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Lice Levels in Loch Shieldaig

Since spring 1999, lice levels have been measured in the intertidal areas at the head of Loch Shieldaig1. Measurements are undertaken by trawling a plankton net along a fixed transect. The longer of the three long-termPlankton sampling in Loch Shieldaig data sets involves towing the net by boat along a 360m transect taken across the river mouth at the head of the loch. This survey has been undertaken since 1999, although initially only during the spring period. The second long-term data set involves a 50m transect by foot tow taken near the mouth of the river Shieldaig which has been undertaken since 2001. The third involves a 100m foot tow near the mouth of the River Shieldaig and has been undertaken since 2010. After each tow has been completed, the plankton net is washed down with sea water, the filtrate is stored and the larval lice present are counted. During 1999-October 2009, a subsample of the filtrate was examined. After November 2009 the whole of the sample was examined for the presence of lice.  This change to the process does not introduce a bias in the measurements but does make them more precise. The tow data in relation to the production cycle on the local farms is presented below. It has previously been shown that numbers of lice in the environment tend to be higher during second years of production1,2 and this pattern is also evident in the recent tow data.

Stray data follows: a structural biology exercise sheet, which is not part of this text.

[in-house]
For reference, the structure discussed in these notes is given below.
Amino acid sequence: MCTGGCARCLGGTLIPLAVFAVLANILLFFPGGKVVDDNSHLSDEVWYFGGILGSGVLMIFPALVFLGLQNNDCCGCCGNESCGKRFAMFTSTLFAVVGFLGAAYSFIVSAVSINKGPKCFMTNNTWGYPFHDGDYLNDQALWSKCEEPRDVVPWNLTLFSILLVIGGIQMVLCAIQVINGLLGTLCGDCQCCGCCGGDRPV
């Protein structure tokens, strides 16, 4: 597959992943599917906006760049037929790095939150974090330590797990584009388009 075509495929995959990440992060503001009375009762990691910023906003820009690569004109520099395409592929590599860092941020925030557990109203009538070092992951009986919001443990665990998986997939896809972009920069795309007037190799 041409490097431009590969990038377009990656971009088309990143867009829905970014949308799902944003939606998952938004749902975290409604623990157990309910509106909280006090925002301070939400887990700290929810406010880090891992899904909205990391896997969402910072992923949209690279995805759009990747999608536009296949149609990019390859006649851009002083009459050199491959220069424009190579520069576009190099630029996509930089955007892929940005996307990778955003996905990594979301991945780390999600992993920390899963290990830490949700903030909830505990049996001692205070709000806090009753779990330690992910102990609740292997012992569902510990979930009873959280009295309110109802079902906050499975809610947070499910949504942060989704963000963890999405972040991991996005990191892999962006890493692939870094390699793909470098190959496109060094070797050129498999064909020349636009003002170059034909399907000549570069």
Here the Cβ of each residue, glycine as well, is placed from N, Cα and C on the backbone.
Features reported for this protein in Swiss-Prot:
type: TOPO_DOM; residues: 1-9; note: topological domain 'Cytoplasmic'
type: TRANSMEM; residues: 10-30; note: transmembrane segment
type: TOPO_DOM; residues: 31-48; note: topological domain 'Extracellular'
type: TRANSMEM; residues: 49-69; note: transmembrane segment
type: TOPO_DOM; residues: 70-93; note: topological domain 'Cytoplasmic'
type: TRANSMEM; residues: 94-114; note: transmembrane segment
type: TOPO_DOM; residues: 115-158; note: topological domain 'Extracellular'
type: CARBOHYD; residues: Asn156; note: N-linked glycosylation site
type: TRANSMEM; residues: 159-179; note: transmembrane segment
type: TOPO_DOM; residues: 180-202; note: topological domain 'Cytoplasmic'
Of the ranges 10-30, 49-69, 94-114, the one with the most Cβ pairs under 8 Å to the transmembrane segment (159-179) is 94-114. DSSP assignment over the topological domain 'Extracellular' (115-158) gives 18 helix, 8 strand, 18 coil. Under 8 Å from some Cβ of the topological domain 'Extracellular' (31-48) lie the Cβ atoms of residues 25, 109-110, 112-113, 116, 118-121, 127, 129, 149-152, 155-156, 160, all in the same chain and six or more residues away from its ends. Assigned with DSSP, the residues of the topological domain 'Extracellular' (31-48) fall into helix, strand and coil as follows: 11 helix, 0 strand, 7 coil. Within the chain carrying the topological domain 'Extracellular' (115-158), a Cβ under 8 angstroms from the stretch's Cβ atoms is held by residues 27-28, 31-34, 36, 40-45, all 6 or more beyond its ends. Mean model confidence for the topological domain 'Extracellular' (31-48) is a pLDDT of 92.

Plankton
Density of sea lice (square root transformed) measuring by plankton tows in Loch Shieldaig 1999-2016. Green points are those in the first year of production, blue are in the second year

1McKibben, M.. & Hay, D. W. (2004). Distributions of planktonic sea lice larvae Lepeophtheirus salmonis in  the inter-tidal zone in Loch Torridon, Western Scotland in relation to salmon farm production cycles. Aquaculture Research, 35, 742-750.

2Penston, M. J. & Davies, I. M. (2009). An assessment of salmon farms and wild salmonids as sources of Lepeophtheirus salmonis (Kroyer) copepodids in the water column in Loch Torridon, Scotland. Journal of Fish Diseases, 32, 75-88.